Ohlson was born in 1936 and raised on a farm near Cherokee, on the little Sioux River in north-west Iowa, where his Swedish grandfather settled in the nineteenth century. The empty, endless landscapes of the Mid-West and the Northern Protestantism of his upbringing must have influenced, but do not “explain” his art. He studied painting at the University of Minnesota. In 1961, he came to New York and graduate School at Hunter, where he now teaches.
Ohlson’s style has been geometrical since his student days; it is a natural rather than evolved mode for him. Within it, his investigations have been intensive. He very early decided that figure-ground ambiguity was exhausted for him, and it would be a mistake to look for that in his work. He has hardly ever uses more that three or four colors in a picture but never went all the way down to one, either. Moving from static, frame-oriented symmetry to design in which the forms began to “float, freed from the edges,” in his words, he found his colors getting at the same time darker and more and more tundra, until most of his paintings came to have black fields.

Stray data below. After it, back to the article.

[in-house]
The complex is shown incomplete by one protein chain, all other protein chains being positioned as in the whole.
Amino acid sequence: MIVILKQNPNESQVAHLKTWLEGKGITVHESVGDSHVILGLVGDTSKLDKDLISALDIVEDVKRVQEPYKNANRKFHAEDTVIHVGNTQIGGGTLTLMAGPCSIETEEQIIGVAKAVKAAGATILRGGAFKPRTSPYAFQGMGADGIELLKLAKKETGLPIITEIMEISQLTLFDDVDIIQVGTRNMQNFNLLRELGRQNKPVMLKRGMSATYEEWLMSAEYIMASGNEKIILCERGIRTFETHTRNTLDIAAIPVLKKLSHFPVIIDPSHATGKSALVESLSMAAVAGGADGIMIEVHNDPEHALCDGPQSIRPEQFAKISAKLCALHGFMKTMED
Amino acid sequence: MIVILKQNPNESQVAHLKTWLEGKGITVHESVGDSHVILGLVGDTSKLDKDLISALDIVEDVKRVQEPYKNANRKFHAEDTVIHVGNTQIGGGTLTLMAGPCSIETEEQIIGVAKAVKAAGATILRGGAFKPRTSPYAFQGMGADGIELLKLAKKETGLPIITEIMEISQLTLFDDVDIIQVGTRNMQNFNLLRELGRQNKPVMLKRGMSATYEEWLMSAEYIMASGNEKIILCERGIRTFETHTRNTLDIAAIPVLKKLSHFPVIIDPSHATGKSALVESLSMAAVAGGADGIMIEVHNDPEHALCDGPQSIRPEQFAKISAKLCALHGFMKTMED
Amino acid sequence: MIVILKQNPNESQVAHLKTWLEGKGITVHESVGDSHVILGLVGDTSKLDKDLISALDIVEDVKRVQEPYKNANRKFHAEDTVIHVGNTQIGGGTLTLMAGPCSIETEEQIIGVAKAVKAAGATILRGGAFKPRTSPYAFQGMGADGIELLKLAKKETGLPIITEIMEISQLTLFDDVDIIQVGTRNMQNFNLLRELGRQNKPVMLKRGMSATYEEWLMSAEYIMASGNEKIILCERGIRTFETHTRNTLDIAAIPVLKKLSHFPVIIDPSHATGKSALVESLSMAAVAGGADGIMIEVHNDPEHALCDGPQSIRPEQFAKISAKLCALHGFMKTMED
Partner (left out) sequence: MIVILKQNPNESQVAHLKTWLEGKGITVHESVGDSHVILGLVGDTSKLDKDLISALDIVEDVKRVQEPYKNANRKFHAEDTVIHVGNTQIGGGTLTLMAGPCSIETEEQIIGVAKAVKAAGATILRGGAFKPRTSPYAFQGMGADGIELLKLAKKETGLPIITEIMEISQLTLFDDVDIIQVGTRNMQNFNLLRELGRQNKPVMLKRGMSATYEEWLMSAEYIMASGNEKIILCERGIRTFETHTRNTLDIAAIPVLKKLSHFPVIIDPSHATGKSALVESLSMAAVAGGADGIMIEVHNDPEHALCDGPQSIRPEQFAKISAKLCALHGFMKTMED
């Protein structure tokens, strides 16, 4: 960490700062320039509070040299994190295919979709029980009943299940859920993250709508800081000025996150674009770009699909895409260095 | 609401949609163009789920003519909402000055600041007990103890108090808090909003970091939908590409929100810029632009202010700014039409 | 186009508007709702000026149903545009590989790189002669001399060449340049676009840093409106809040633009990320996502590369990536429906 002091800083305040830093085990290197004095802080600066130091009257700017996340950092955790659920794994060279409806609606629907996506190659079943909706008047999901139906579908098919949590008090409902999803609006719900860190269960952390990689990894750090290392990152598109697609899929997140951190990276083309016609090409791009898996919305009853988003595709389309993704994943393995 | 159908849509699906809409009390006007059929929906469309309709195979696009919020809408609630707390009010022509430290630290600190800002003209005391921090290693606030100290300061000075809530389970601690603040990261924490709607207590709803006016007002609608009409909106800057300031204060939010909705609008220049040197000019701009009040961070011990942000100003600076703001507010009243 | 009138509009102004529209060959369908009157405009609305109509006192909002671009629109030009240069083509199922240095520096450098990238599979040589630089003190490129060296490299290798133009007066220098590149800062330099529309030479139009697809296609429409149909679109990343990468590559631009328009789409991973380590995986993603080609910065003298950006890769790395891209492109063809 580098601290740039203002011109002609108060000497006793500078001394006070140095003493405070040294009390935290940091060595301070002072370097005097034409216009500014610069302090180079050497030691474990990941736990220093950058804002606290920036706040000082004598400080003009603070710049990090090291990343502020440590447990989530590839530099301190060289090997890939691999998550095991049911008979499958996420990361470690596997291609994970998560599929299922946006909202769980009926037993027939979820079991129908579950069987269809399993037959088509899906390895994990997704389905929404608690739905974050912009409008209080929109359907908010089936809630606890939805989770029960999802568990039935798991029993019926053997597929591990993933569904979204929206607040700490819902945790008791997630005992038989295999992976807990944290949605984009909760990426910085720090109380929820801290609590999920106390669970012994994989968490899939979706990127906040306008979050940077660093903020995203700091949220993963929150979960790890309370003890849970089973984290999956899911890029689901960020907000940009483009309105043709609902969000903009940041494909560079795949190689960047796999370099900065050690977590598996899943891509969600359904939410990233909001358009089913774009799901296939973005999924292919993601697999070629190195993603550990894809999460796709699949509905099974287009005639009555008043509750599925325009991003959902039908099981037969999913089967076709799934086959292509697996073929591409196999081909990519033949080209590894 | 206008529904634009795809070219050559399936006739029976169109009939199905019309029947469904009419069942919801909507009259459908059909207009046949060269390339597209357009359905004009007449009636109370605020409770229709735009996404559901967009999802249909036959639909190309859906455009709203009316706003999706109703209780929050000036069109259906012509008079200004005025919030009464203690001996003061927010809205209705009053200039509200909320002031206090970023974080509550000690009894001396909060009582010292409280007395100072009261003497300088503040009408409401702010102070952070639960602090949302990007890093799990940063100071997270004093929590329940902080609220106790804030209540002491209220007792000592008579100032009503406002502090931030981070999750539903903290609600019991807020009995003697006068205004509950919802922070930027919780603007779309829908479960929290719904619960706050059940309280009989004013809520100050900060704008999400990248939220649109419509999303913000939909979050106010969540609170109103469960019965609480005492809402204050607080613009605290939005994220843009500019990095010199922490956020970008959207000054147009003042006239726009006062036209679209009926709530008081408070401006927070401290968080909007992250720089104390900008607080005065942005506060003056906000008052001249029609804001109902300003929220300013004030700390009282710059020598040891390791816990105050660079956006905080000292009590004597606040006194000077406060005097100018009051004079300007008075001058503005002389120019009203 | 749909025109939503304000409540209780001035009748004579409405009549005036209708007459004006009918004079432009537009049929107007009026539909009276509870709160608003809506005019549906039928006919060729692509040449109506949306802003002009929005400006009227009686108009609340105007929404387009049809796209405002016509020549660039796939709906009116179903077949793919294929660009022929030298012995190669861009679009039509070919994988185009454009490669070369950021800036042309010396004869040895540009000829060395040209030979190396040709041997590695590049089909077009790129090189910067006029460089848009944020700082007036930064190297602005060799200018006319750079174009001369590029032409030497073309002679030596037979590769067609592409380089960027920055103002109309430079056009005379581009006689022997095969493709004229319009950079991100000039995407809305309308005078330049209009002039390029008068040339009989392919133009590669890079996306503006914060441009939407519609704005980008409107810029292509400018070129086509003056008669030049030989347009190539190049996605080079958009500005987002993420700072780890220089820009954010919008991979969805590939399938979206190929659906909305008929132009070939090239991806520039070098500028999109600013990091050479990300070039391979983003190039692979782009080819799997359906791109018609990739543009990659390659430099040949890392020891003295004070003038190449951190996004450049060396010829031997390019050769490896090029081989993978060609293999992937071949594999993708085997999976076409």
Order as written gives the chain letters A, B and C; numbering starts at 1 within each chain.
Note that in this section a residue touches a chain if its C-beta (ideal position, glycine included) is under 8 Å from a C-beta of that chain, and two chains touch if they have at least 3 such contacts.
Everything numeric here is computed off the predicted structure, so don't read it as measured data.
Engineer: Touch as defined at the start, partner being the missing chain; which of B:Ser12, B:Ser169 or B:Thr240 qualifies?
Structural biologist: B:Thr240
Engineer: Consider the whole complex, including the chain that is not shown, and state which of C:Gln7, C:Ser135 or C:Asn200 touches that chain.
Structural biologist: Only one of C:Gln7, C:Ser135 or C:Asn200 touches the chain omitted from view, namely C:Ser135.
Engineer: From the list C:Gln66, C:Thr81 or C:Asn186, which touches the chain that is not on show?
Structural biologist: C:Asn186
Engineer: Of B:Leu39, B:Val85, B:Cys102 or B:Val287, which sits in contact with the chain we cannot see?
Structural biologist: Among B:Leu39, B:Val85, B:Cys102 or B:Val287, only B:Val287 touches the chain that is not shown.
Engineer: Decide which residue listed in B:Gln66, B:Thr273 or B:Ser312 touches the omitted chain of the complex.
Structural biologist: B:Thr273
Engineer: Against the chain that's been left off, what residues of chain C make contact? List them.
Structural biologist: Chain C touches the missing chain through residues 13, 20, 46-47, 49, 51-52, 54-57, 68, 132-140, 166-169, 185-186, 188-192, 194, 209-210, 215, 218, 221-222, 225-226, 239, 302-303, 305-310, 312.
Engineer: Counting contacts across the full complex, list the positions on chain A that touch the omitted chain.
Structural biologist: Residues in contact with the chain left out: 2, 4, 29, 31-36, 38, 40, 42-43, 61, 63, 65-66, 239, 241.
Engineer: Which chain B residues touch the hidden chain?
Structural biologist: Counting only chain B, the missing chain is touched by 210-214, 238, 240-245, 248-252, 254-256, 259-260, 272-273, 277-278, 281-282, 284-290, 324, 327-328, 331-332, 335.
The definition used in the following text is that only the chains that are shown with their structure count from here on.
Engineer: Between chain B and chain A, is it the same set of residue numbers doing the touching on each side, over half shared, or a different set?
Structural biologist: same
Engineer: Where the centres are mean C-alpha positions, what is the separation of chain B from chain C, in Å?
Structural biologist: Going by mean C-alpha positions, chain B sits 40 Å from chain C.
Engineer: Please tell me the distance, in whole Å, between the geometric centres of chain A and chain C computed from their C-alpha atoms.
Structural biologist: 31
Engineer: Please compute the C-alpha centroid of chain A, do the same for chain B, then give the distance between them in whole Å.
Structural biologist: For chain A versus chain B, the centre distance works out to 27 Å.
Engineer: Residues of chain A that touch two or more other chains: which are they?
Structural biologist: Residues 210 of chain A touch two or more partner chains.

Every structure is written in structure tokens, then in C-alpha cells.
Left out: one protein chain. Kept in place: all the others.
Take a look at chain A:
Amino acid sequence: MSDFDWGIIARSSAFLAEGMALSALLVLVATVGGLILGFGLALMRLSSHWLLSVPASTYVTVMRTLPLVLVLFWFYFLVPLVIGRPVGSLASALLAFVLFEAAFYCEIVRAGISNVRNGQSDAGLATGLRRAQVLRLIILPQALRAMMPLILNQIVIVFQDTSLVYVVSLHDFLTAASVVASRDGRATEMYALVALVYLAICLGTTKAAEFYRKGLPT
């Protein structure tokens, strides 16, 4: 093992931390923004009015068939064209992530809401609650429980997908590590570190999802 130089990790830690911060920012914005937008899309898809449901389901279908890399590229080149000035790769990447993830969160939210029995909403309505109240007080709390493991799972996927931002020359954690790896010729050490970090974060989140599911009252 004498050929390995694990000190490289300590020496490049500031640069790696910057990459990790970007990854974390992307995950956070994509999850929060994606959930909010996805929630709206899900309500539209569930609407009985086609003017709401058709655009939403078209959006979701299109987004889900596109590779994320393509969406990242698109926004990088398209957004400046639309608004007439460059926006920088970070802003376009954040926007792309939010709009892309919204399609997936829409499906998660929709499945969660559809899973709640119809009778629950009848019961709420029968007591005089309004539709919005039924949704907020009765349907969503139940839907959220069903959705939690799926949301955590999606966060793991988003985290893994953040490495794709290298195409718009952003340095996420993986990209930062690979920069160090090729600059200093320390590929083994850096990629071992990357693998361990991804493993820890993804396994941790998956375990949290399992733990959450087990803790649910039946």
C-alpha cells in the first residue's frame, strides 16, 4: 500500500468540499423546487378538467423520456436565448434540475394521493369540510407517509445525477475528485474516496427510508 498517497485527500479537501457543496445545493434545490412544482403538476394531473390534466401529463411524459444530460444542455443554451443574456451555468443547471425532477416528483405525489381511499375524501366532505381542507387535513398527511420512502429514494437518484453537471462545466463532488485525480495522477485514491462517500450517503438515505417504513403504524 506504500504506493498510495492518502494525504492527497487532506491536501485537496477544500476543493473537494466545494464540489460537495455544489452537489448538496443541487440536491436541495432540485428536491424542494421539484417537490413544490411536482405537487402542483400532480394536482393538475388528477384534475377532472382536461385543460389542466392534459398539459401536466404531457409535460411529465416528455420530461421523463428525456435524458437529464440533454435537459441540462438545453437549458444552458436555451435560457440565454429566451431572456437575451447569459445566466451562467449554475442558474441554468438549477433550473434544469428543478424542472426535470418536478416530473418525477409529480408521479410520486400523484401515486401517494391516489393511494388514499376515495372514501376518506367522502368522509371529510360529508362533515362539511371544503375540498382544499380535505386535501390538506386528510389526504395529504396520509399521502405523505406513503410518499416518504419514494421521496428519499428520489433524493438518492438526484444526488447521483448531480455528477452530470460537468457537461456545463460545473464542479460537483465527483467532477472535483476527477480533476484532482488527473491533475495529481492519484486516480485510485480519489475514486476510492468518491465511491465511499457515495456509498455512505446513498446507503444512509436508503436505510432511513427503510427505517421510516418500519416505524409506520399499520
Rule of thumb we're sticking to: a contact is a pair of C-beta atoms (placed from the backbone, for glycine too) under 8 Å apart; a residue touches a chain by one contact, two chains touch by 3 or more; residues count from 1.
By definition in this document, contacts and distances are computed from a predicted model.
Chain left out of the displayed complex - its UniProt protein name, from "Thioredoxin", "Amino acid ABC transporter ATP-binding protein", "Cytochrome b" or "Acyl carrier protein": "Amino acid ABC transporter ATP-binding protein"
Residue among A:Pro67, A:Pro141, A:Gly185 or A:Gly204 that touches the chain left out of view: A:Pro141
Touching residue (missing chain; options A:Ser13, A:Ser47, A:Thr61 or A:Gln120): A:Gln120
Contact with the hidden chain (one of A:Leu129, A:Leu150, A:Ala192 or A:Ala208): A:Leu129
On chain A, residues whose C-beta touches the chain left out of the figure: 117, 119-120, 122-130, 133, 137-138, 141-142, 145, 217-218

Too, each came to have only a single rectangle or square of another color, close in value to that of the field.Dissatisfied with the overwhelming illusion of recession in the dimness, he made the paintings more concrete by dividing them into two stretched canvases of equal height but unequal width. These were the same color and were joined, so what was created was an internal edge – an “undrawn line,” he calls it, or a thin vertical dissociated from contour since optically it separated nothing. After these paintings (shown in 1967), which were charged with impendence, the gap widened and multiplied. That, and a renewed exuberance of color after a dark period, have gone into producing the current series.
As Edwin Denby wrote in another context: “Americans occupy a much larger space than their actual bodies do; I mean, to follow the harmony of their movement of their lolling you have to include a much larger area in space than they are actually occupying.”